There were a number of passes (or no sales) in the auction including this beautiful work by Arthur Hughes, which fell short of it's estimated price £150,000 (it only reached £95,000).  Likewise Millais' portraits of The Very Reverend Thomas William Jex-Blake and Mrs Henrietta Jex-Blake failed to make their reserve and weren't sold.

An Autumnal Glow (1882) John Atkinson Grimshaw
The set of Grimshaws on offer had mixed fortunes.  An Autumnal Glow surpassed its £150,000 top limit and selling at £170,000.  However, four of the five other Grimshaws either didn't make the bottom limit or were just not sold.  Only View from Blackfriars Bridge by Moonlight made £160,000, the middle of the estimate.

While his Pre-Raphaelite brother will no doubt grab all the headlines, it has to be said that the Rossetti's in the sale weren't exactly outstanding performers.  From St John Comforting the Virgin at the Foot of the Cross (£3,000 less than the bottom estimate), a sketch for Lady Lilith (£2,400, under the £3,000 bottom estimate) Hesterna Rosa (£1,000 less than bottom estimate) and a sketch for Found (bottom estimate), things did not look so bright.  

Rosa Triplex (1874)
Rosa Triplex from Virginia Surtees' collection made £750,000, just over the bottom estimate and Ruth and Boaz made £70,000, again just over the £60,000 bottom. Not a good day for Rossetti really. Unless you count Rossetti painting 'lovely Guggums' by Douglas Percy Bliss, which exceeded its estimate of £1,500-£2,000 by £10,000, selling at £12,000.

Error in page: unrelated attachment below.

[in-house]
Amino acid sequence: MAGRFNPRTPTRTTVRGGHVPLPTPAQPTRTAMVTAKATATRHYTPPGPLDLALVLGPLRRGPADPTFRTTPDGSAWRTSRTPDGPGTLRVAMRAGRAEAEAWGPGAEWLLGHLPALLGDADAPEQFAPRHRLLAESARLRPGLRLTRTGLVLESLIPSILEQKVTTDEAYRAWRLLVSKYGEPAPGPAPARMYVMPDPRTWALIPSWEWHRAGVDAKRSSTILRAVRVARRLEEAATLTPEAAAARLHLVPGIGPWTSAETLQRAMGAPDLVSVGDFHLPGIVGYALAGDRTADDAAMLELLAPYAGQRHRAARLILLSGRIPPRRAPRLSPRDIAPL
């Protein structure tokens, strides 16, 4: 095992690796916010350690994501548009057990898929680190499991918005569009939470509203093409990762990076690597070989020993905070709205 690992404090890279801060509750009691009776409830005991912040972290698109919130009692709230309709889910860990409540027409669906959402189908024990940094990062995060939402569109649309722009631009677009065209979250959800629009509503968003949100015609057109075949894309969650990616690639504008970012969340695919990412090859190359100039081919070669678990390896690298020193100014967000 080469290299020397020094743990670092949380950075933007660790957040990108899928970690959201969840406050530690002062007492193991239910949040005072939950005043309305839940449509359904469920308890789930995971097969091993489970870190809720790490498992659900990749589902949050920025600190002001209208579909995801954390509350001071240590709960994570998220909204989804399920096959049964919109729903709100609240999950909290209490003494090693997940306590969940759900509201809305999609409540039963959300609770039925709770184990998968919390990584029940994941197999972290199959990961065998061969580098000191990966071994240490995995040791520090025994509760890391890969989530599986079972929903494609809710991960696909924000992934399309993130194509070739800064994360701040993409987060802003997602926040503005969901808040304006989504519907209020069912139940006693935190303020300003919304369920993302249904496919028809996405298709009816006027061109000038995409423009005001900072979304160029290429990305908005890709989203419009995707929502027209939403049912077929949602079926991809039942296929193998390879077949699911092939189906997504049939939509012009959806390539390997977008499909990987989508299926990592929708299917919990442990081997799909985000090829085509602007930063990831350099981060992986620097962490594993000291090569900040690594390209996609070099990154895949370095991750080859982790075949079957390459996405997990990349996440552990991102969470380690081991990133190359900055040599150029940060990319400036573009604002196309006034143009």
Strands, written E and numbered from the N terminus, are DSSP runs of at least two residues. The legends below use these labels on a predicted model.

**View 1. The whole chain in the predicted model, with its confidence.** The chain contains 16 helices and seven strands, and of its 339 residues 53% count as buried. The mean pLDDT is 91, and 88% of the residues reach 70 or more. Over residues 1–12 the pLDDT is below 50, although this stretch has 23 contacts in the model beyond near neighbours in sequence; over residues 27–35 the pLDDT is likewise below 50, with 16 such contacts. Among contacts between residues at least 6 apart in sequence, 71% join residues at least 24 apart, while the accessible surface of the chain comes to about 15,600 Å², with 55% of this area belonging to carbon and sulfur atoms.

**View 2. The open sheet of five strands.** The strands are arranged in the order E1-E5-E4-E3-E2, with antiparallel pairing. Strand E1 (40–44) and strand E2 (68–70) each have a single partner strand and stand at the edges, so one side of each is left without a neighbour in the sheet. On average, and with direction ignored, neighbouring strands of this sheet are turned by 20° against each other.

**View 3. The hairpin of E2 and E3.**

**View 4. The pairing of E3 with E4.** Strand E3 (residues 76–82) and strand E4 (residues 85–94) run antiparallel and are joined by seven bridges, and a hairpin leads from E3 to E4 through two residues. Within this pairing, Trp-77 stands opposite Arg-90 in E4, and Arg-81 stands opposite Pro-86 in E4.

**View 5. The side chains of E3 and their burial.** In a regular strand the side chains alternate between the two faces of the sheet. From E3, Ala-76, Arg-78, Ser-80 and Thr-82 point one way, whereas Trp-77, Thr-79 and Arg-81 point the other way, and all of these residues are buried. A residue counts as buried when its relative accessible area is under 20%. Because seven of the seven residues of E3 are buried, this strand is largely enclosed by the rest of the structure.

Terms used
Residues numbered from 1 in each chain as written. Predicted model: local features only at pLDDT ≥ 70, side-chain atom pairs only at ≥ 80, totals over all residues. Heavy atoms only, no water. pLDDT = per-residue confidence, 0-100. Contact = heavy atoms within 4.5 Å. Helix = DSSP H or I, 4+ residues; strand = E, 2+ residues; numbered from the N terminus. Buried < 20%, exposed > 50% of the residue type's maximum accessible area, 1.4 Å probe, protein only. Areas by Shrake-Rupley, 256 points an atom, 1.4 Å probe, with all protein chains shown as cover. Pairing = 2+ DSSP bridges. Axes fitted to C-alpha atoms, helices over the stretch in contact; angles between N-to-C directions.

Rossetti painting 'lovely Guggums' Douglas Percy Bliss
So, what did well?  It was a good day for the women artists. Eleanor Fortescue-Brickdale's Lancelot and Elaine made £2,000 more than the top estimate (ironically the same amount the her friend Byam Shaw's picture made below his bottom estimate).  This beautiful gem from stained glass artist Margaret Agnes Rope went soaring past its £6,000 to £8,000 estimate and came romping home with £22,000...

Marie Spartali Stillman's A Lady with Peacocks in a garden, an Italianate landscape beyond made £8,500 and Mary Louisa Gow's A Kiss Goodnight made £16,000.  Big result of the afternoon has to be Elizabeth Siddal's St Agnes Eve which was valued as between £2,500 to £3,500 and was sold for £13,000.

So, to sum up, many of the beautiful Pre-Raphaelite pictures did not perform well in the auction this afternoon.  You would think that Rossetti would be a safe bet but his art only just made bottom estimates or faltered around the middle.  Hunt's A Staircase at Rochester Castle, Kent ploughed past its £10,000-£15,000 estimate to make £38,000, which makes no sense in respect to how badly Isabella did.  Maybe it came down to bad press, and Isabella had become tainted in the light of the outcry against Delaware.  It was good to see how well the women artists did, but again women artists have been gaining popular reputation lately with some good exhibitions and a tv series to boost their standing. 

The stand-out lot in terms of the amount of money it raked in was this one...

Nadia (c.1921) Gerald Leslie Brockhurst
Not my cup of tea, but obviously someone's because it sold for £105,000 after being valued at between £20,000 to £30,000.  Goodness me.  Actually, I far preferred this...

Primavera (1914) George Clausen
For twentieth century figurative, give me pink and nudie every time.  This is beautiful and made £75,000, just below its upper limit.

The thing to remember after what was a genuinely upsetting afternoon is that although Isabella has presumably gone into a private collection, maybe the person who calls it their own tonight will value it more than the board of Delaware Art Museum.  We won't get to see it very often, maybe very little, but it still exists and possibly in safer hands tonight.  I think a bigger worry is what will now happen with Delaware and their financial problem.  

We wait and see.  Nervously.

Sunday 15 June 2014